Most of the major indexes have similar requirements in their rules. 

For example, there are 11 S&P sector indexes that are the underlying indexes for widely traded ETFs such as the Technology Select SPDR ETF (XLK). The rules for these sector indexes are similar to the rules on diversification requirements for investment funds discussed above. For example, the S&P sector indexes say that a single stock cannot exceed 24% of the float-adjusted market capitalization of that sector index and that the sum of the companies with weights greater than 4.8% cannot exceed 50% of the total index weight. 

At the end of last week, three companies had weights greater than 4.8% in the Technology Select Sector (Microsoft at 23.5%, Apple at 22.8%, and Broadcom at 4.9%) and their combined market weight was 51.2%, so if those same prices hold at the close on Friday, there should be a small reduction in Apple and Microsoft in that index. 

S&P will announce if there are changes in the sector indexes after the close on Friday. 

The Nasdaq-100 also uses a “modified” market-capitalization weighting scheme, which can constrain the size of the weighting for any given stock to address overconcentration risk. This rebalancing may reduce the weighting in some of the largest stocks, including Apple, Microsoft, Amazon, Nvidia and Alphabet. 

The move up in these large tech stocks was so rapid in the first half of the year that Nasdaq took the unusual step of initiating a special rebalance in the Nasdaq-100 in July to address the overconcentration of the biggest names. As a result, Microsoft, Apple, Nvidia, Amazon and Tesla all saw their weightings reduced. 

Market concentration is nothing new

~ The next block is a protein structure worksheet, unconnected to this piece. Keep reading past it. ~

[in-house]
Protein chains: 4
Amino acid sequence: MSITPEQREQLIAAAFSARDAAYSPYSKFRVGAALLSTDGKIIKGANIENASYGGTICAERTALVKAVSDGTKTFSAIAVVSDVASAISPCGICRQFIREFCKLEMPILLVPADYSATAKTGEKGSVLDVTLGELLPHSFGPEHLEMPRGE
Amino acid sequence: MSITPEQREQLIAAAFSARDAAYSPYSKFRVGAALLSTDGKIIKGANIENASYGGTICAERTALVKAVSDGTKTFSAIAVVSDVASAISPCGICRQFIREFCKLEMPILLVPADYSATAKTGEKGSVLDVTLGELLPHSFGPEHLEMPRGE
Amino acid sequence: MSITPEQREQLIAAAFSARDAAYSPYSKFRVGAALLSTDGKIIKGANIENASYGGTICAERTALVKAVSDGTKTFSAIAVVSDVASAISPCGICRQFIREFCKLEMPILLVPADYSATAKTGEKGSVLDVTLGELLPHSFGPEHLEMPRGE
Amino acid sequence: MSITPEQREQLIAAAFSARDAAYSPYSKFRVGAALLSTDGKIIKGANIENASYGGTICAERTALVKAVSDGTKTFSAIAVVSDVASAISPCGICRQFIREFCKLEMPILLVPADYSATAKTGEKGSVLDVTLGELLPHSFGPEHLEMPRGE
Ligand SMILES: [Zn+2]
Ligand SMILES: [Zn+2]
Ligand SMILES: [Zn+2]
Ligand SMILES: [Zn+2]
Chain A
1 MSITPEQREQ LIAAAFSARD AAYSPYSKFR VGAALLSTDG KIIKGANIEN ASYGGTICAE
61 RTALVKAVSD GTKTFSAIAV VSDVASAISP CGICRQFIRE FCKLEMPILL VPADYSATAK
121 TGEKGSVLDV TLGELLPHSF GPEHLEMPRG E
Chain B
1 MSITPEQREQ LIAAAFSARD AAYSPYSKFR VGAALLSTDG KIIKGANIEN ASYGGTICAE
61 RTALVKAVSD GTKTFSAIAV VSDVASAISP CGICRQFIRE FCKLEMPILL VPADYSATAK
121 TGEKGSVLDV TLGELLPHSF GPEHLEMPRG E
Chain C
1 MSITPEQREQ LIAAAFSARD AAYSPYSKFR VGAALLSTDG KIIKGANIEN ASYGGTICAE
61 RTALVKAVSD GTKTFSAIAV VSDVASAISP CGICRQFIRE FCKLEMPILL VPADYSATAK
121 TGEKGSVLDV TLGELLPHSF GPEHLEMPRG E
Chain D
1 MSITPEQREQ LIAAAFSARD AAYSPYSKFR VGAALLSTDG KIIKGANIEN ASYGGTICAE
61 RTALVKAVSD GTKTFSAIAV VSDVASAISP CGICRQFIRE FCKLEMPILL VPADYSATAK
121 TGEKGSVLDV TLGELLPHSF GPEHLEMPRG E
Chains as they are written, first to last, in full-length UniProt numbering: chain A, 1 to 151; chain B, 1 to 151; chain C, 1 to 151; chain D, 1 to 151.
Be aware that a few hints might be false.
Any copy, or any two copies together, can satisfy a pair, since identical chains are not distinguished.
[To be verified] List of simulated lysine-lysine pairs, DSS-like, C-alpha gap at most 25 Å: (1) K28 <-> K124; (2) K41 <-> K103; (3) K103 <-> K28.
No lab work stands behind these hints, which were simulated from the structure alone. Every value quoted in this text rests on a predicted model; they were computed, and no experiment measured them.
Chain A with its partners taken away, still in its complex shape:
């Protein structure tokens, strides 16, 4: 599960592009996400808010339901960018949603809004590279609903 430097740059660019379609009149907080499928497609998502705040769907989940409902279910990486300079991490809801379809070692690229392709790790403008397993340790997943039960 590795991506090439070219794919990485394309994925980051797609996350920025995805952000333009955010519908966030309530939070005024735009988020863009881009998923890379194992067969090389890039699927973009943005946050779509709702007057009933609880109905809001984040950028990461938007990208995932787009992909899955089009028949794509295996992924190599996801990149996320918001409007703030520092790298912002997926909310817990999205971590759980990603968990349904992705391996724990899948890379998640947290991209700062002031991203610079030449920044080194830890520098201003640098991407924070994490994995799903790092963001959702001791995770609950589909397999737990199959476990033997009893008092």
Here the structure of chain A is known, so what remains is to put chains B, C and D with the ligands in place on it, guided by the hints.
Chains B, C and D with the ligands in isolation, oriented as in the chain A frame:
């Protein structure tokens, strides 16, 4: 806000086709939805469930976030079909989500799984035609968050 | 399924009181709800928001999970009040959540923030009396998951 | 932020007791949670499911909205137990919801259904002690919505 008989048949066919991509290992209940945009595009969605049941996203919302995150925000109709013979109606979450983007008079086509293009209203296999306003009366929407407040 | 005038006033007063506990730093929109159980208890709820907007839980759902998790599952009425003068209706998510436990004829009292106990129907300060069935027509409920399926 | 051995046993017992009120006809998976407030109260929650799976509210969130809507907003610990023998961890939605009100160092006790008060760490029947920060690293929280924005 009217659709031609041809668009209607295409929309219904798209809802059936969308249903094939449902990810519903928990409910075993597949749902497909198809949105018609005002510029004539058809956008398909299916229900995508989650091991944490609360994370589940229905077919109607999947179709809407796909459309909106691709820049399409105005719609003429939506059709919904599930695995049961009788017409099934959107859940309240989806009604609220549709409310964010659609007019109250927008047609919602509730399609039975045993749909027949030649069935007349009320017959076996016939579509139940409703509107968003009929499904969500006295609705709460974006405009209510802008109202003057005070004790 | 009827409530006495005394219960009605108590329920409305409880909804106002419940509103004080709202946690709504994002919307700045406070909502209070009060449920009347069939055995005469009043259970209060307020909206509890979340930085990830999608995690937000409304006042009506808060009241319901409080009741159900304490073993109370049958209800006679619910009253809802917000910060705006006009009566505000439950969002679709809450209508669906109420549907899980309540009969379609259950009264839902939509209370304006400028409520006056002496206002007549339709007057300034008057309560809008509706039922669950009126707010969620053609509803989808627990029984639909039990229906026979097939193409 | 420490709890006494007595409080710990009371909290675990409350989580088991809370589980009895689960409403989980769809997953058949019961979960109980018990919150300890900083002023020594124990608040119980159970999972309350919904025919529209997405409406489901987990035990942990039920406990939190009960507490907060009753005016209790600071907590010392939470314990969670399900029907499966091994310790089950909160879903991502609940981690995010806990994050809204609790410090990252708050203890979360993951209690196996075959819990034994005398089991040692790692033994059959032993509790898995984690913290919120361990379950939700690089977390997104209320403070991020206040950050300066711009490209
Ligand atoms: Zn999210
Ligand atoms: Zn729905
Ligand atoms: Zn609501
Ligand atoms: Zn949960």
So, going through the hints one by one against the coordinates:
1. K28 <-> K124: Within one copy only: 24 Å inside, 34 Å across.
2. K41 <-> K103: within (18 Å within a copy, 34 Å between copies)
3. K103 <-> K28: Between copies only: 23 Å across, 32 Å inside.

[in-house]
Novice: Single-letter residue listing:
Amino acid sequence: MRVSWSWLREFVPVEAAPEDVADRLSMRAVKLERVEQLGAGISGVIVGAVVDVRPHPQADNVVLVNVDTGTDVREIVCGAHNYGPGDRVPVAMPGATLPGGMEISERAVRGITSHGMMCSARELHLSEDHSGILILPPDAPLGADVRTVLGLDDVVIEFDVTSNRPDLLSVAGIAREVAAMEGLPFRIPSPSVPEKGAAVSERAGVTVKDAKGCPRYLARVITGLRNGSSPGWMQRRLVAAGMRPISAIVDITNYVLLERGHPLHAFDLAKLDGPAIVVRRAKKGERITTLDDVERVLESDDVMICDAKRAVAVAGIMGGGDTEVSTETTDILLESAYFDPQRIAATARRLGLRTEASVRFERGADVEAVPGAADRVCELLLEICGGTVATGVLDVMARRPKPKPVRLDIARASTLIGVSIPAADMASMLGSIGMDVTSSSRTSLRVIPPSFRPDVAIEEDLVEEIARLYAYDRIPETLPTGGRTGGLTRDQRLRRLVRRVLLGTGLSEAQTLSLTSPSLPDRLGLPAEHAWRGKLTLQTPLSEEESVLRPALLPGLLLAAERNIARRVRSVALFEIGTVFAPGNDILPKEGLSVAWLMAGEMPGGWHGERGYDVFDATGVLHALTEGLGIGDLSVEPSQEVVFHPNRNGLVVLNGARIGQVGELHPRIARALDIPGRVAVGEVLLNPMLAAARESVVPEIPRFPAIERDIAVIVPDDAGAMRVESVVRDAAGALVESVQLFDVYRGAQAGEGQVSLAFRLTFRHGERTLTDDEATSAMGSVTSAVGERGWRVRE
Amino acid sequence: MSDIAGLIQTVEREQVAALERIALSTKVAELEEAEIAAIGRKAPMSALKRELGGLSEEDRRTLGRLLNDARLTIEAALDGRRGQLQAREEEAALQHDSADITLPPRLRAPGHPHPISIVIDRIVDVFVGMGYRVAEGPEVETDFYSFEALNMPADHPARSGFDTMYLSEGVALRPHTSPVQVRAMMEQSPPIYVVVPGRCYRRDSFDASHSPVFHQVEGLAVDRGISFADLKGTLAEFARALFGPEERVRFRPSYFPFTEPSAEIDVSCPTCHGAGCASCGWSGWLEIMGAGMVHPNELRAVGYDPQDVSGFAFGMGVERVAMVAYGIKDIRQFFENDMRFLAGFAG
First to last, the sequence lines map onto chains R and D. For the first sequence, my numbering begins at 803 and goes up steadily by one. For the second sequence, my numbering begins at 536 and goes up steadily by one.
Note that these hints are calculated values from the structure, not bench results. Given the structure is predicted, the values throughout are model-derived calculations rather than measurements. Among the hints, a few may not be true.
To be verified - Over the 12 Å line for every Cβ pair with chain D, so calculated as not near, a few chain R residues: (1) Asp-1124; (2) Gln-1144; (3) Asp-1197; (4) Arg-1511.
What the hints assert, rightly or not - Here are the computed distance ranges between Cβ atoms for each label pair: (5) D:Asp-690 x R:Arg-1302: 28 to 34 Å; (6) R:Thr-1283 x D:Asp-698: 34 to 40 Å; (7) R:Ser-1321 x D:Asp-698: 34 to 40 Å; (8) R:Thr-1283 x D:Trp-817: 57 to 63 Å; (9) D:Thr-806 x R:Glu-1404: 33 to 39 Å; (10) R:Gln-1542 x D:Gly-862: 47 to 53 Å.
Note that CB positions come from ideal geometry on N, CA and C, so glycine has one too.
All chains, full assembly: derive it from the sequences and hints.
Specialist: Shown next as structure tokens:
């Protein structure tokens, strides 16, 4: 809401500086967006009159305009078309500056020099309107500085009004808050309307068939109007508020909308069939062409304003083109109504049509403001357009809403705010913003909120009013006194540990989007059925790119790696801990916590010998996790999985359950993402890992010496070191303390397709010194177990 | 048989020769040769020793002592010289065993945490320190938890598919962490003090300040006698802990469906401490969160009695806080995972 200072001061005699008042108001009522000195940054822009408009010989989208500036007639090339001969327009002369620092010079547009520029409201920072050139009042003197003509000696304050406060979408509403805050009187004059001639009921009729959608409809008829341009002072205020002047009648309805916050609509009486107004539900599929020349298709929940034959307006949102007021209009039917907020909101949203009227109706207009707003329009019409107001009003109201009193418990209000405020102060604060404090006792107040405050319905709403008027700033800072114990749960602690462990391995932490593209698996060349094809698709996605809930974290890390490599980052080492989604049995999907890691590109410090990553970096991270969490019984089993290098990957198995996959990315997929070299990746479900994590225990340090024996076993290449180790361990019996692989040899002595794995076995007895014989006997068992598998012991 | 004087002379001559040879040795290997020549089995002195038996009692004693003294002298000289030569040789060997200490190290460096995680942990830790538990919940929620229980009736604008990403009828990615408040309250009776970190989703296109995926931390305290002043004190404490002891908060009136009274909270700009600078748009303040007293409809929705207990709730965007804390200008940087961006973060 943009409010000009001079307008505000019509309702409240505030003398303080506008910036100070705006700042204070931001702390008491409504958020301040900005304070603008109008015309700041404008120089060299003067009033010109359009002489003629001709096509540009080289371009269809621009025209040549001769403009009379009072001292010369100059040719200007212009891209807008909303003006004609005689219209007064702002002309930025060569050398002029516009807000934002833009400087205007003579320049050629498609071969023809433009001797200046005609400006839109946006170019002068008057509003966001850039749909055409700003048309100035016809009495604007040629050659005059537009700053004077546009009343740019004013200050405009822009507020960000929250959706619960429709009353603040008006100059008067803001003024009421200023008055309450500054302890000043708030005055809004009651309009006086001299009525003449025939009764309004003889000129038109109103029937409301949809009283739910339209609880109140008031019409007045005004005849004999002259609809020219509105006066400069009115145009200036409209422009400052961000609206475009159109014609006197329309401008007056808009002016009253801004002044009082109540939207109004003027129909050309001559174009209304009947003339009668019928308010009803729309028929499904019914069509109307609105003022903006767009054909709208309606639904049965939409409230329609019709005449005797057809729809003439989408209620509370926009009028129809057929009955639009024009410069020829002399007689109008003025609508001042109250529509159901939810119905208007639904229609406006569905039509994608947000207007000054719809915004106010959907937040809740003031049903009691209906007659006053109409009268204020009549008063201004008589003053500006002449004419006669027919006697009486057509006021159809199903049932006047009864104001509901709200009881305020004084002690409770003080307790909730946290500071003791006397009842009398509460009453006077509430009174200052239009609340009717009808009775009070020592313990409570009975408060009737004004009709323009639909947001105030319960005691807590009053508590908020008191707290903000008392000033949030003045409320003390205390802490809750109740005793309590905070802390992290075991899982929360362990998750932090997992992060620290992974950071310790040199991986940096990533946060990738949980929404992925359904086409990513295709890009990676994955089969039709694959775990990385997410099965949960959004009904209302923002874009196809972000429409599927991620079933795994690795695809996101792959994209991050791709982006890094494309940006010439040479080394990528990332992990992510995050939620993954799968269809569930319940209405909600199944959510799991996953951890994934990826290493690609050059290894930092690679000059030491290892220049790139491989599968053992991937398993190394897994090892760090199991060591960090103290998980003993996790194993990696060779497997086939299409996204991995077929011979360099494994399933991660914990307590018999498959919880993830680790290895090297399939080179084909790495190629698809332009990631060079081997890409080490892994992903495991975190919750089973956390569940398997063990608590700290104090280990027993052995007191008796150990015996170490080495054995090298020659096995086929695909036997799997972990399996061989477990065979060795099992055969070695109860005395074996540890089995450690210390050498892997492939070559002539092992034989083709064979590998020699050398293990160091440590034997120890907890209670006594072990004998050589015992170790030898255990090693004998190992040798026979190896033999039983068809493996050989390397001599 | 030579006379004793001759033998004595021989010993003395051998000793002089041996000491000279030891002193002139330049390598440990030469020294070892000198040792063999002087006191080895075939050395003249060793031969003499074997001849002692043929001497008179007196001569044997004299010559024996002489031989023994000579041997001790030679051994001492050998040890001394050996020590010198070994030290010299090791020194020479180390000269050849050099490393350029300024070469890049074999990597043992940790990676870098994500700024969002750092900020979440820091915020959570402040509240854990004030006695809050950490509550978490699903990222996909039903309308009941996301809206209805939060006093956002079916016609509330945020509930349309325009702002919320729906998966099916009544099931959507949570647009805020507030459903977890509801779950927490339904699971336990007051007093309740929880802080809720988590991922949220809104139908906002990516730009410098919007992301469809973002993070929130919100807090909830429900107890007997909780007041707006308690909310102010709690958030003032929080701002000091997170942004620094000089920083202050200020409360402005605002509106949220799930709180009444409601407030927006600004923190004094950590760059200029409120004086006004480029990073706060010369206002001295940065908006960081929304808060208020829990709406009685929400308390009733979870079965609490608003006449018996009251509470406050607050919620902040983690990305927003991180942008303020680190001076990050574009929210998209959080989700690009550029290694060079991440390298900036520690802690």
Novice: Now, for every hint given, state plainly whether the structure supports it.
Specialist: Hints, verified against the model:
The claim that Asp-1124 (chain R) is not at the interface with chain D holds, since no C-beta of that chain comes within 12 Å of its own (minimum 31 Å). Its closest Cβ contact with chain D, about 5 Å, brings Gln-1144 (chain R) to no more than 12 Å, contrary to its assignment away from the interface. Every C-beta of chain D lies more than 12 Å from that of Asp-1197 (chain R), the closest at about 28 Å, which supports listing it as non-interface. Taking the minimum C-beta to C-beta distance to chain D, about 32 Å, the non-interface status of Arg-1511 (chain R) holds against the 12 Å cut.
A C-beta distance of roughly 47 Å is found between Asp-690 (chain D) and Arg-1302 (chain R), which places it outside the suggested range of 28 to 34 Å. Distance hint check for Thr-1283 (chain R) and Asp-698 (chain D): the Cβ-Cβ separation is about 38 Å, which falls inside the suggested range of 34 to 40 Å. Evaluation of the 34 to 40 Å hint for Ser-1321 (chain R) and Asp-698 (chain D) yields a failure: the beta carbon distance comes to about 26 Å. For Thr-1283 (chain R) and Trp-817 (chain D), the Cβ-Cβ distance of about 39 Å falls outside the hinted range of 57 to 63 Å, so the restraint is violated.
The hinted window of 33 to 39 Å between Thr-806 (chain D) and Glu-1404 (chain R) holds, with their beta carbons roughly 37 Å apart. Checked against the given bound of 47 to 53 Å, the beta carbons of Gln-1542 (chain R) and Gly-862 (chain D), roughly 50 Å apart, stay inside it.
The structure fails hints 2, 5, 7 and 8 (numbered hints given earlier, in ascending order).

Whether the rules around market concentration should be tightened is open for debate, but the issue has been around for decades.

For example, Phil Mackintosh and Robert Jankiewicz from Nasdaq recently noted that the weight of the five largest companies in the S&P 500 was also around 25% back in the 1970s.

Disclosure: Comcast is the corporate parent of NBCUniversal and CNBC.

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Stocks making the biggest moves premarket: United Airlines, Netflix, Morgan Stanley and more

Check out the companies making headlines before the bell.

United Airlines — The airline lost 0.9% in the premarket after it announced a net loss for the first quarter. United posted a loss of 63 cents per share, which is 10 cents smaller than the 73-cent estimated loss from analysts polled by Refinitiv. The company reported $11.43 billion in revenue, slightly above the $11.42 billion estimated. 

Interactive Brokers Group — Shares of the electronic broker were down 3.7% after the company reported a miss on earnings in the first quarter. The company posted earnings per share of $1.35, which fell below the $1.41 consensus estimate from analysts polled by Refinitiv.

Netflix – Shares of the streaming giant fell more than 2% after the company reported mixed results on the delayed rollout of its crackdown on password-sharing, which was originally scheduled for the first quarter. Revenue came in slightly below the analyst consensus from Refinitiv, although earnings topped estimates.

Western Alliance – Shares of the beaten-down regional bank jumped more than 20% in premarket trading after Western Alliance said its deposits have been rebounding in April after declining 11% in the first quarter. Wedbush upgraded the stock to outperform after Western Alliance’s quarterly report despite the bank’s net income falling more than 50% from the previous quarter.

Travelers — The insurance stock added more than 3% before the bell after beating Wall Street’s expectations on both the top and bottom lines. The Dow Jones Industrial Average component reported adjusted earnings of $4.11 a share on $9.40 billion in net premiums.

Intel — Shares were down almost 2% after the semiconductor manufacturer announced it would be discontinuing its bitcoin mining chip series, Blockscale, after just a year of production. 

Abbott Laboratories — The medical device company advanced 2.8% after beating top- and bottom-line expectations and reaffirming guidance. The company reported $1.03 in earnings per share on revenue of $9.75 billion for the first quarter, while analysts polled by FactSet anticipated 99 cents in per-share earnings on $9.67 billion in revenue. The company said it still expects full-year adjusted earnings per share to come in between $4.30 and $4.50, in line with the $4.39 consensus estimate of analysts.